Rise in Labour Court verdicts in favour of employees

The number of cases brought before the Swedish Labour Court is on the increase, after a gradual decline since 2008. For a number of years the court had tended to rule in favour of the employer, but this appears to be changing. In the past two years rulings have more often gone in favour of employees, and trade unions and employer organisations agree that the change is due to employers’ increased willingness to take disputes in front of a judge, rather than to settle out of court.

Background

Individual disputes at Swedish workplaces are usually dealt with through bilateral negotiations between social partners, primarily at local company level. A dispute is taken to the Swedish Labour Court (Arbetsdomstolen) or a district court (Tingsrätten) only if local and central attempts to find a solution fail.

Since 2008, the number of lawsuits dealt with by the Swedish Labour Court had been gradually declining. However, in 2012 the trend was reversed when 237 cases went directly to the court – an increase of 12% compared with 2011.

Over the past ten years, employers have won twice as many cases as employees. In 2011 and 2012, however, the court ruled in favour of the workers in the majority of cases.

Social partners agree

Most labour dispute cases are taken to court by trade unions. However, union leaders have argued that the recent reversal in the trend of which side wins has been due to employers’ increased eagerness to take labour disputes before a judge, rather than to settle out of court.

Dan Holke, Senior Legal Advisor at the Legal Bureau of the Swedish Trade Union Confederation (LO-TCO Rättsskydd), said in a news article (in Swedish) that employers were starting to question issues that had previously been undisputed, such as regulations in collective agreements. Employers were not as quick to reach a settlement as they had been and wanted to test established arrangements and agreements in court.

The employers’ organisations agree. Swedish service sector organisation Almega was involved in many of the cases taken to court. Its President, Jonas Milton, said in a news article (in Swedish) that employees might be winning more cases because the conflict resolution system, supposed to prevent disputes from going to court, was not working properly. Many companies, he said, no longer had membership of an employer’s organisation.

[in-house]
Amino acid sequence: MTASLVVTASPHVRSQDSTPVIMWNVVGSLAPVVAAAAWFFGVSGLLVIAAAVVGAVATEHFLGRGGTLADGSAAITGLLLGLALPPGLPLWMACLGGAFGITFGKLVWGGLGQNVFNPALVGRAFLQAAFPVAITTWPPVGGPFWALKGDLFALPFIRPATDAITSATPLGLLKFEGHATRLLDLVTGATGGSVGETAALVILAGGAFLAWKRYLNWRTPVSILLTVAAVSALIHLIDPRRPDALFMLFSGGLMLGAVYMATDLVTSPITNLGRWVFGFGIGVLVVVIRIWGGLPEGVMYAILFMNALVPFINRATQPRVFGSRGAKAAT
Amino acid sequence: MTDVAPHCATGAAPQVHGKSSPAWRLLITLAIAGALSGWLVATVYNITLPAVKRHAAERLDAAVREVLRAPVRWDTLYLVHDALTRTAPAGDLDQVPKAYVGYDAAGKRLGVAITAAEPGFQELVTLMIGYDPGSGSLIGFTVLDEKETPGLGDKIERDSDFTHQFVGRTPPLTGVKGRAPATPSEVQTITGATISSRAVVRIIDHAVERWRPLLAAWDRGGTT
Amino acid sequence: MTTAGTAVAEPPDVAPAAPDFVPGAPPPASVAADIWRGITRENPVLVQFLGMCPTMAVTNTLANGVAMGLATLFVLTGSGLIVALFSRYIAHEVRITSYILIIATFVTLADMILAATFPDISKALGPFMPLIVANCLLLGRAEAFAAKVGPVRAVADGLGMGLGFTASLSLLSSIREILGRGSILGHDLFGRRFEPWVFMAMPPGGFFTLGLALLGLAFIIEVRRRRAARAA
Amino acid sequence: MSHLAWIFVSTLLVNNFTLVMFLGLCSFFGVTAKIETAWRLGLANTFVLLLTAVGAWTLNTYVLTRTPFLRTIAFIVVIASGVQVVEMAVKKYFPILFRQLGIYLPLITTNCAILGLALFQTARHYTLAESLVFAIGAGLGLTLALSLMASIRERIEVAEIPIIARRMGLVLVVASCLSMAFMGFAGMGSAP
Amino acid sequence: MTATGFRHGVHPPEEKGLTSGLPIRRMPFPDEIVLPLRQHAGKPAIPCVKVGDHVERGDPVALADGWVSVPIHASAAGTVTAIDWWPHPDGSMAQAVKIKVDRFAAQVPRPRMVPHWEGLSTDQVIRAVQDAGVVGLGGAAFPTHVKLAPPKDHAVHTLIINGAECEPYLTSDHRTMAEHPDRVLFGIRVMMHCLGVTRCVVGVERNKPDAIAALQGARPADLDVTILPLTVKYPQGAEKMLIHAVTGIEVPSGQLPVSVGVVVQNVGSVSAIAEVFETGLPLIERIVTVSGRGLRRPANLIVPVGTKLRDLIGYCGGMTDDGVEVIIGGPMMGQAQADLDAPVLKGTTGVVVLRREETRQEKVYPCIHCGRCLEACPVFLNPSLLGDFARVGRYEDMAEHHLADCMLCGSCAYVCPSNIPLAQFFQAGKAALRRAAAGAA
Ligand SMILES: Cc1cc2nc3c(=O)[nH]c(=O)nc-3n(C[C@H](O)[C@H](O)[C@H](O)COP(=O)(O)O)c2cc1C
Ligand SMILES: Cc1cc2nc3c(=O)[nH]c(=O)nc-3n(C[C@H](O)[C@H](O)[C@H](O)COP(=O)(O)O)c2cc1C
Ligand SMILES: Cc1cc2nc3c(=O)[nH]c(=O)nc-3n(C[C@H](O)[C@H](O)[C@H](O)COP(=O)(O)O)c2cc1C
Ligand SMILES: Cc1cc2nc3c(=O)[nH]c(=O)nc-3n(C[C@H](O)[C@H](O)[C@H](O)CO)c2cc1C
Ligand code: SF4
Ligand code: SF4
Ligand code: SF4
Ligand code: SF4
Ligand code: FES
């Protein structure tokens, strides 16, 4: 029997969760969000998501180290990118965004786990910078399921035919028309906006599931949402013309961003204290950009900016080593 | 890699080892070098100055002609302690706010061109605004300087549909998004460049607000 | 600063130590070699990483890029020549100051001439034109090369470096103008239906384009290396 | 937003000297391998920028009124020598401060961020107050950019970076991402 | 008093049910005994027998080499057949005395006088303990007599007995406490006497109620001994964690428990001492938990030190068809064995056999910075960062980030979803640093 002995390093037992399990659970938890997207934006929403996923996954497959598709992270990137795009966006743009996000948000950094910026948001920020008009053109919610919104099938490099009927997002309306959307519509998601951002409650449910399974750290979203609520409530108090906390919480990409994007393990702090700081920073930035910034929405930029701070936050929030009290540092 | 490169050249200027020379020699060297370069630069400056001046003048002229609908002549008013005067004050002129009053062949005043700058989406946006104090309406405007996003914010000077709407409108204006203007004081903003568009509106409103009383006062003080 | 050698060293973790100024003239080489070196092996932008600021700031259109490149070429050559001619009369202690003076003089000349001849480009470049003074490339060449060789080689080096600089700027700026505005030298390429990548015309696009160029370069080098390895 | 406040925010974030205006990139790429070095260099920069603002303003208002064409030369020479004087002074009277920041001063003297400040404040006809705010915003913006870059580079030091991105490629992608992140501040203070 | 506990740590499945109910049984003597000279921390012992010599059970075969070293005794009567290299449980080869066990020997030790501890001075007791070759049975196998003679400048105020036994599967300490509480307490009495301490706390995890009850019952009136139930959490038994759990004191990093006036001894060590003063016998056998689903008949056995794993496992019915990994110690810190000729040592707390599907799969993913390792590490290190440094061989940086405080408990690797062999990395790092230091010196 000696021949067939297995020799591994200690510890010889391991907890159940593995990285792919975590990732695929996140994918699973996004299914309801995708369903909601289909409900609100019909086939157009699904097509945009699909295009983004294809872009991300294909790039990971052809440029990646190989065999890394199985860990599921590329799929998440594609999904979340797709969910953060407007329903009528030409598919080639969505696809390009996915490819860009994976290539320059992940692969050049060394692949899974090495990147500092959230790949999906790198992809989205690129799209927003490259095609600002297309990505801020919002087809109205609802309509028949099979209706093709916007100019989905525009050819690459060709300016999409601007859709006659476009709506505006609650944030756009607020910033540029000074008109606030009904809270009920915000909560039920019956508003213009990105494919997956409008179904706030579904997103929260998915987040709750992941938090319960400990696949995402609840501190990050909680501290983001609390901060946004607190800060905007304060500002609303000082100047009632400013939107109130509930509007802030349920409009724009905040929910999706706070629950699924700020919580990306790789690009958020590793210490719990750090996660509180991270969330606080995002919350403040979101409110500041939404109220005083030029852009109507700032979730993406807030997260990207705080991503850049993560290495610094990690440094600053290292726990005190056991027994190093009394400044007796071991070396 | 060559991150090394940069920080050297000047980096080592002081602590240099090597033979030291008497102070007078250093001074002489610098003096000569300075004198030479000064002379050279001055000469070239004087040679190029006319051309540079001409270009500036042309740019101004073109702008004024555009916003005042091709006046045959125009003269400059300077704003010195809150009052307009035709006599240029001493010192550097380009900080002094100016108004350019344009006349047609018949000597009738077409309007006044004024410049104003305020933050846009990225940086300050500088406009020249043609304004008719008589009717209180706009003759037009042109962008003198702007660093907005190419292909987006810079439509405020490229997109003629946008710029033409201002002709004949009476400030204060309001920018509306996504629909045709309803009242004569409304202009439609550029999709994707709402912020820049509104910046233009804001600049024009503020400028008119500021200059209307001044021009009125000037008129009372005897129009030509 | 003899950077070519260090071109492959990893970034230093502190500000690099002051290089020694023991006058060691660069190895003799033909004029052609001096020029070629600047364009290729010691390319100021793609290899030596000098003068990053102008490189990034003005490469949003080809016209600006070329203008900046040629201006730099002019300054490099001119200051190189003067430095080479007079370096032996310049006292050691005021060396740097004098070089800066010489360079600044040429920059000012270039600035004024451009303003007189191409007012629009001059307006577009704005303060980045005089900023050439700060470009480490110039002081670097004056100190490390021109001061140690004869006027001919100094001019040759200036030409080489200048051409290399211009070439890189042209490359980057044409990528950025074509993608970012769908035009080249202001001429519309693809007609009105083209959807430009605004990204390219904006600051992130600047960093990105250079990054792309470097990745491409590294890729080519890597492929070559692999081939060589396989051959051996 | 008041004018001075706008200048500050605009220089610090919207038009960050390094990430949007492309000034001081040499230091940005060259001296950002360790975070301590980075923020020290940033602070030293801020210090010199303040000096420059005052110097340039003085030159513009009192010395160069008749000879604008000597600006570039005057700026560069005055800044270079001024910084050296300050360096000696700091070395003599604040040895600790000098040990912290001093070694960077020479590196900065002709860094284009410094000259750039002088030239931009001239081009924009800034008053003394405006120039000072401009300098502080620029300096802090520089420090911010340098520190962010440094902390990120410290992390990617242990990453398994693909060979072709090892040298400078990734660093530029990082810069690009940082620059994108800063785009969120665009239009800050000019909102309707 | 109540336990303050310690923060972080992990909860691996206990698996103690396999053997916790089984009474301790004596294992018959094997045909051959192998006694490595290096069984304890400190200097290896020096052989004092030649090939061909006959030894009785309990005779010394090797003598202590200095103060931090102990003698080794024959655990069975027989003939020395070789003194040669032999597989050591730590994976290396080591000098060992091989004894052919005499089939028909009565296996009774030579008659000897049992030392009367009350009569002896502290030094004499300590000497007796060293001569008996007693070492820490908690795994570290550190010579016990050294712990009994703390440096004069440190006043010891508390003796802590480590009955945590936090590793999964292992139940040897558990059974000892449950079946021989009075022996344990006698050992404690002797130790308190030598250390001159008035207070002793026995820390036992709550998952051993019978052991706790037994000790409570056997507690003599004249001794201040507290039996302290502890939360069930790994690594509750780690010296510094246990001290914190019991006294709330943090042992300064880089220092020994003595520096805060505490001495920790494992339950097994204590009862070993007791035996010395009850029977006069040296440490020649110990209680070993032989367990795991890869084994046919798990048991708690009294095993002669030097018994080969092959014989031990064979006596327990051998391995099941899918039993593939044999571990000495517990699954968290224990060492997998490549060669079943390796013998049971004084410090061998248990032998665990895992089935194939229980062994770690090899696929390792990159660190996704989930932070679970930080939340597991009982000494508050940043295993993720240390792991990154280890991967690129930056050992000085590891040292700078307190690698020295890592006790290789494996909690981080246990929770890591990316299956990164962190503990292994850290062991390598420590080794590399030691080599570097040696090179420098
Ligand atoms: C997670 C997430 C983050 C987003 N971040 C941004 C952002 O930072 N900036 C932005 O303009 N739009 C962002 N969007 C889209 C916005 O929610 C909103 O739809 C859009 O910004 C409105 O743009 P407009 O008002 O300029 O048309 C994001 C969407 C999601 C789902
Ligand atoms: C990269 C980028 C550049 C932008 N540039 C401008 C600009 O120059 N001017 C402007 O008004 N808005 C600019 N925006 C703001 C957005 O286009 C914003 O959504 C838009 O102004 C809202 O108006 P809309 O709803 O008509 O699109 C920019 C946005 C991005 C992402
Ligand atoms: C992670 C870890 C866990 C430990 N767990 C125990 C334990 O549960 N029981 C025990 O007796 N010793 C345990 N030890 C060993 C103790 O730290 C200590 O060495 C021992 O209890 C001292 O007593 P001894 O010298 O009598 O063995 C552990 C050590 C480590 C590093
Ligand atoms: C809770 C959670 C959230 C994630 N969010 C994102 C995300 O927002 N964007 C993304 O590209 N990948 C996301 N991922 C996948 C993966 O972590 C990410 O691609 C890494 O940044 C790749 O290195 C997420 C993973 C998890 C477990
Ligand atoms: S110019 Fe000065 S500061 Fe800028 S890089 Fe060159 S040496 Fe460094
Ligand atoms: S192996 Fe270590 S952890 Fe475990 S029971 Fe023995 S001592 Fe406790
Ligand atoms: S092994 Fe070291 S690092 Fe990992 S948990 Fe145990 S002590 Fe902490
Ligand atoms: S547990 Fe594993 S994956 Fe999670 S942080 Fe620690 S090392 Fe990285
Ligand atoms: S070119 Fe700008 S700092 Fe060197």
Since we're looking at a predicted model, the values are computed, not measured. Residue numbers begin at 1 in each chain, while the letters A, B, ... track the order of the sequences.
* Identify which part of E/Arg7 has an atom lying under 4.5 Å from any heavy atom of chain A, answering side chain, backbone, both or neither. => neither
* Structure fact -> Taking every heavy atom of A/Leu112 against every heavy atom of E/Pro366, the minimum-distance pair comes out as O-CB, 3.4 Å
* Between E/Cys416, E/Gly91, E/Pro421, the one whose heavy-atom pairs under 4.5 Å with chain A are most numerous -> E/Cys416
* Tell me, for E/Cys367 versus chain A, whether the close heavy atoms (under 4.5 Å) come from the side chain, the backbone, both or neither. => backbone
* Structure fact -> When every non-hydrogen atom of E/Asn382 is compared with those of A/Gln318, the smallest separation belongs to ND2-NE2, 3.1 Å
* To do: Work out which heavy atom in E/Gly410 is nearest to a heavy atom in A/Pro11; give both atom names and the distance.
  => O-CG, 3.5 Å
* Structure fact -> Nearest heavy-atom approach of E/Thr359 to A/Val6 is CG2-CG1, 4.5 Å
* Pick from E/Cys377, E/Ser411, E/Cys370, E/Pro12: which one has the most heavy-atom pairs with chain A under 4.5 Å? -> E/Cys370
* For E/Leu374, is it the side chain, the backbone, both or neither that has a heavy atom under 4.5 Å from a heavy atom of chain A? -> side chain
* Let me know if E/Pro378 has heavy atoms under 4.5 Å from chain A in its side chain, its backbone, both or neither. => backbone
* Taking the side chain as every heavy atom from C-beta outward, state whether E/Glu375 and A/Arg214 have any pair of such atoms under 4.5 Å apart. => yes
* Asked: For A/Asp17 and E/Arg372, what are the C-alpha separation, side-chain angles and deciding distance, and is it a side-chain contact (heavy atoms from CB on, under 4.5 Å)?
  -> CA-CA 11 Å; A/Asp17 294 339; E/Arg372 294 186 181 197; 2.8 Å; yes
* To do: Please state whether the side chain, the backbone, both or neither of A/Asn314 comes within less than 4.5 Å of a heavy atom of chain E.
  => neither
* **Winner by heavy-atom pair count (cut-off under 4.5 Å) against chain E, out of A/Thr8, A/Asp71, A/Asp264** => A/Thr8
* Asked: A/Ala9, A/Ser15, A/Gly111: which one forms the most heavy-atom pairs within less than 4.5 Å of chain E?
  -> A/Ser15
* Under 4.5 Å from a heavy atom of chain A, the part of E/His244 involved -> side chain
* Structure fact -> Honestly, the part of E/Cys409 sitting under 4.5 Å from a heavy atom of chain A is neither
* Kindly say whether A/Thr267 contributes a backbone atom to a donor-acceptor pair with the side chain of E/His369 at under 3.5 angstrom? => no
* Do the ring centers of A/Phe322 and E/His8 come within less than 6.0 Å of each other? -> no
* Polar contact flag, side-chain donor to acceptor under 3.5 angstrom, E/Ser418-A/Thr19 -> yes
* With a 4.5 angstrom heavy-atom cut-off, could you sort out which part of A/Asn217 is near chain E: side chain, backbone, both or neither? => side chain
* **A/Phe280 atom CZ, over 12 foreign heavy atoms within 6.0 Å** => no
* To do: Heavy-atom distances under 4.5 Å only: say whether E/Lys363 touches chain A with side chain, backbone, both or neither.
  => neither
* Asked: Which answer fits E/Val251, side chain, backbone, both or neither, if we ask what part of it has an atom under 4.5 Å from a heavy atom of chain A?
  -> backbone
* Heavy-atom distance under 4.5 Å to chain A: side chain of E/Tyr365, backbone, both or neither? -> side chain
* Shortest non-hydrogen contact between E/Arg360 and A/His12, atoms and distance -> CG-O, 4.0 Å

Milton, quoted in another newspaper interview (in Swedish), said that companies were hiring law firms rather than solving disputes via employers’ organisations. He claimed law firms had economic incentives to take disputes to court because they viewed them as business opportunities. Many cases that could have been solved at a local level were now going in front of a judge.

The court cases

Of the 237 cases that went before the Labour Court during 2012, 201 were brought by trade unions. The white-collar trade union Unionen brought 44 actions during 2012, the most brought by one union. In a newspaper article (in Swedish), Unionen said the increase was due to its rising membership. It added that many of its members worked for companies that did not have collective agreements or a clear set of rules. This led to more uncertainty and further disputes.

The most common disputes concerned employment protection legislation or the dismissal of single members. Only 17 cases were brought by employer organisations.

Commentary

The state, as well as social partners, is keen that efforts are made to resolve labour disputes through negotiations and settlements. Going to court is seen as a last resort. It is much too soon to say whether the increased amount of cases going to the Labour Court, and the rise in verdicts in favour of the employees, represents an unwelcome change. It is, however, worth noting that the social partners agree on the cause of the change – employers’ increased willingness to take labour disputes to court rather than arriving at a settlement beforehand.

Emilia Johansson and Malena Heed, Oxford Research

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